Bruce Bower

Bruce Bower

Behavioral Sciences Writer

Bruce Bower has written about the behavioral sciences since 1984. He often writes about psychology, anthropology, archaeology and mental health issues. Bruce has a master's degree in psychology from Pepperdine University and a master's degree in journalism from the University of Missouri. Following an internship at Science News in 1981, he worked as a reporter at Psychiatric News, a publication of the American Psychiatric Association, until joining Science News as a staff writer. In 1996, the American Psychological Association appointed Bruce a Science Writer Fellow, with a grant to visit psychological scientists of his own choosing. Early stints as an aide in a day school for children and teenagers with severe psychological problems and as a counselor in a drug diversion center provided Bruce with a surprisingly good background for a career in science journalism.

All Stories by Bruce Bower

  1. image of archaeologists excavating at a site in Germany

    Neandertals were the first hominids to turn forest into grassland 125,000 years ago

    Neandertals’ campfires, hunting and other activities altered the land over 2,000 years, making them the first known hominids to impact their environs.

  2. a photo showing a fossilized aprtial jaw and braincase

    2021 research reinforced that mating across groups drove human evolution

    Fossils and DNA point to mixing and mingling among Homo groups across vast areas.

  3. image of footprints from the Laetoli site compared to a 3-D contour map of the same area

    Ancient footprints suggest a mysterious hominid lived alongside Lucy’s kind

    A previously unknown hominid species may have left its marks in muddy ash about 3.66 million years ago in what is now East Africa.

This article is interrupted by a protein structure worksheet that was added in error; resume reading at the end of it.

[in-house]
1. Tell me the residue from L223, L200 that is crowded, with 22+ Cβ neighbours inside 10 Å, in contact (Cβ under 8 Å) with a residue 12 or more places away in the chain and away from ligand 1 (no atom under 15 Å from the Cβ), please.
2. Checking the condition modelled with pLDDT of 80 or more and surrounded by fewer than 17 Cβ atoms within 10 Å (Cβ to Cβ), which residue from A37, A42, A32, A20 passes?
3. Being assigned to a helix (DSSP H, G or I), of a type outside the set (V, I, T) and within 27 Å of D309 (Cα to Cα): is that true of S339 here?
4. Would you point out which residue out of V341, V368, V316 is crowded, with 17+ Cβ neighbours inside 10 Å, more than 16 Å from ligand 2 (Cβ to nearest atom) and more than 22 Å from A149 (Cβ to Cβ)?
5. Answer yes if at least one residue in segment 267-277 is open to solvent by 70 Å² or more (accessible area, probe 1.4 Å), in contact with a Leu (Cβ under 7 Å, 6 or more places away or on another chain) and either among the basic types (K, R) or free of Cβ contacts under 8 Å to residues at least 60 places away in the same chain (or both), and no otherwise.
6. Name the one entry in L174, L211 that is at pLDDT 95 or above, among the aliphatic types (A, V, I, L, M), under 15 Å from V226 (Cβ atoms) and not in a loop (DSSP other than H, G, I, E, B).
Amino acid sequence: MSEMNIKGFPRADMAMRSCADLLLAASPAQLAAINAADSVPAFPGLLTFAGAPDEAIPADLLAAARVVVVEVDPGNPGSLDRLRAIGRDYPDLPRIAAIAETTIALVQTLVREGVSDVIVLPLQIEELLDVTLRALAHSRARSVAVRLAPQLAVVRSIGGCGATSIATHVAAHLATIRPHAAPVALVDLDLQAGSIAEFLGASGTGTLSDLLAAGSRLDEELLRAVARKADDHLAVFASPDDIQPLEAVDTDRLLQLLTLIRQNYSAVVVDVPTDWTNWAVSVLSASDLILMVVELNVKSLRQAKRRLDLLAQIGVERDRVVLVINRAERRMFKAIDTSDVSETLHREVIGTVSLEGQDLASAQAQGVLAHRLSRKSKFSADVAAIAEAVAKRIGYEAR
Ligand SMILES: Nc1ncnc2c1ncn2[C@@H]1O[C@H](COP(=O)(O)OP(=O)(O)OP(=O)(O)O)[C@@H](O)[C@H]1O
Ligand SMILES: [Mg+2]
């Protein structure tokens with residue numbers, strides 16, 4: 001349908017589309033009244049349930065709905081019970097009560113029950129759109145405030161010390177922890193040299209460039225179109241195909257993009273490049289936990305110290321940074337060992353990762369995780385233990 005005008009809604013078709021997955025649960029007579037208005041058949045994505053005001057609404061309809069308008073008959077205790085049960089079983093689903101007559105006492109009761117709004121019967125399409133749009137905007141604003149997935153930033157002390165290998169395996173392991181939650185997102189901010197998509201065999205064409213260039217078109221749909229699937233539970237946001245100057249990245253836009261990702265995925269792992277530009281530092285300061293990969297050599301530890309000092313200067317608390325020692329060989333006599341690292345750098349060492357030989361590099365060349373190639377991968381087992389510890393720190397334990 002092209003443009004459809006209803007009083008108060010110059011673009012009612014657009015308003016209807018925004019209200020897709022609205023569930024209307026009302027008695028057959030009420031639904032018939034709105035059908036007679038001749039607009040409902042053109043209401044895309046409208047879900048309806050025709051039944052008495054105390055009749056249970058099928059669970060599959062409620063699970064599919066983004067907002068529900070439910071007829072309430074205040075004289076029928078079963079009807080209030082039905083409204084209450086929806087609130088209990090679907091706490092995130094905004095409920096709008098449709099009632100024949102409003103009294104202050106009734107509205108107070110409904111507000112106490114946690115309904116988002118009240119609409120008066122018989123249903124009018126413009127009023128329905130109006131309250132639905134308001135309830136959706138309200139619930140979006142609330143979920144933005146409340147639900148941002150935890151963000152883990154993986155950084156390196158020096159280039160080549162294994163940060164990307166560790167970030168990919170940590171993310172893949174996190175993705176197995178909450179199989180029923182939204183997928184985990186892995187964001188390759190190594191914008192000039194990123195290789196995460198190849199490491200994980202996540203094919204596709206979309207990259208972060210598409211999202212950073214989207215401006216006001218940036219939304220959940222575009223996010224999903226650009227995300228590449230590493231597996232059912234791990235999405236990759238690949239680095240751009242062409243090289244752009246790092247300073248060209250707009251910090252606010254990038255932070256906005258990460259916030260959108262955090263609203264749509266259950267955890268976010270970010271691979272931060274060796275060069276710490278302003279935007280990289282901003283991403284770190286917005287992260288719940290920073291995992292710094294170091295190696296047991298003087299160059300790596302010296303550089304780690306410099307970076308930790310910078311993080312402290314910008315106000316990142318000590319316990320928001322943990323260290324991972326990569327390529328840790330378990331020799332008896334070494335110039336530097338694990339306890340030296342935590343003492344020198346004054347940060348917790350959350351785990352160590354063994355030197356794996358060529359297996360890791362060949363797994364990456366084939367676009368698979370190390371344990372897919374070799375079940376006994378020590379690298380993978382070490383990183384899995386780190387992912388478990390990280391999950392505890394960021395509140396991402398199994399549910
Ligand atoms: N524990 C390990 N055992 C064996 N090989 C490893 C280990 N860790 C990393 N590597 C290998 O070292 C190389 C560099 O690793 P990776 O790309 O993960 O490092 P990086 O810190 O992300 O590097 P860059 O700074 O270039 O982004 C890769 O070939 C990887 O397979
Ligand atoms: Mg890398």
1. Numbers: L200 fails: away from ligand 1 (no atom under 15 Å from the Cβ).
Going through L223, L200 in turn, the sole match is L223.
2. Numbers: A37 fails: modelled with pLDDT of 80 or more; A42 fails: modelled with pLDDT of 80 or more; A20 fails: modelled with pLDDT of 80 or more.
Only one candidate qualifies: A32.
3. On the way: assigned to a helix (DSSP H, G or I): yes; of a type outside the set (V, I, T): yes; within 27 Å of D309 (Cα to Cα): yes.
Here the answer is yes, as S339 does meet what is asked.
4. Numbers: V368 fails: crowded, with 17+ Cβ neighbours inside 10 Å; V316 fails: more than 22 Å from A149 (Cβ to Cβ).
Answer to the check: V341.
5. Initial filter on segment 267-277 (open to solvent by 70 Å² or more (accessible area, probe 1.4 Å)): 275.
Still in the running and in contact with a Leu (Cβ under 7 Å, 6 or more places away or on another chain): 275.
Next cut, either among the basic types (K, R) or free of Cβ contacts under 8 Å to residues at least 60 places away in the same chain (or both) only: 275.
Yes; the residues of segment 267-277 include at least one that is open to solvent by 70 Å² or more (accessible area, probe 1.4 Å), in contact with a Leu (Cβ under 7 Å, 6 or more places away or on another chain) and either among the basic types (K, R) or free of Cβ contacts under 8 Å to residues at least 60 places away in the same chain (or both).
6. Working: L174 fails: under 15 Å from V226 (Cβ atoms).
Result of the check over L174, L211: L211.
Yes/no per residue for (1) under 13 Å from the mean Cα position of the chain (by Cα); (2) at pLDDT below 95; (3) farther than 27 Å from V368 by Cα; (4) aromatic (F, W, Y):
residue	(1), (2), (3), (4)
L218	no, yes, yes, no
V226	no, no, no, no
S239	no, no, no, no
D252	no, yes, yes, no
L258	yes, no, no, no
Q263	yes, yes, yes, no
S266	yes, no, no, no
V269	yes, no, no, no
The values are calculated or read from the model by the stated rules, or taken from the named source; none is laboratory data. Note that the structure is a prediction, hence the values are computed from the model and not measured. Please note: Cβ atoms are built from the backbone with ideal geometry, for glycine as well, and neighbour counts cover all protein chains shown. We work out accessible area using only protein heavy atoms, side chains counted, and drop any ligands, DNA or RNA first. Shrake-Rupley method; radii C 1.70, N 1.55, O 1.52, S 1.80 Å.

4. an orangutan holding onto a vine

    Ancient giant orangutans evolved smaller bodies surprisingly slowly

    Fossil teeth from Chinese caves indicate that a single, ancient orangutan species gradually trimmed down over nearly 2 million years.

  5. image of pyramids in Egypt

    ‘The Dawn of Everything’ rewrites 40,000 years of human history

    A new book recasts human social evolution as multiple experiments with freedom and domination that started in the Stone Age.

  6. hand holds a reconstruction of a Homo naledi child’s skull showing fossil teeth and parts of the cranium

    A child’s partial skull adds to the mystery of how Homo naledi treated the dead

    The isolated discovery of a Homo naledi child’s skull fragments and teeth plays into idea that small-brained species ritually placed the dead in caves.

  7. The head and neck of a naturally mummified woman with long dark hair, wearing a white hat

    DNA from mysterious Asian mummies reveals their surprising ancestry

    Ancient DNA indicates that an enigmatic Bronze Age group consisted of genetic, but not cultural, loners.

  8. 3-D image created using lidar data recreating a ceremonial Olmec center on Mexico's Gulf Coast, with sunrise aligned with entrance

    Lidar reveals a possible blueprint for many Olmec and Maya ceremonial sites

    An Olmec site forged a building plan more than 3,000 years ago for widespread Olmec and Maya ritual centers across Mexico’s Gulf Coast.

  9. A reconstructed Viking Age hut with an overgrown roof in Newfoundland

    Vikings lived in North America by at least the year 1021

    Wooden objects provide the most precise dating yet of a Norse settlement in Newfoundland.

  10. a young woman working at a McDonald's restaurant
    Science & Society

    Methods of getting results from real-world experiments win 2021 economics Nobel

    David Card, Joshua Angrist and Guido Imbens share the Nobel Memorial Prize in Economic Sciences for developing a science of naturally occurring social studies.

  11. an ancient burned tobacco seed shown from three angles

    The earliest evidence of tobacco use dates to over 12,000 years ago

    Burned seeds at an archaeological site in Utah hint at tobacco’s popularity long before it was domesticated.

  12. Anthropology

    50 years ago, X-rays revealed what ancient Egyptians kept under wraps

    In the 1970s, scientists used X-rays to unravel mummy secrets. Now, advances in technology are providing unprecedented views of ancient Egyptians.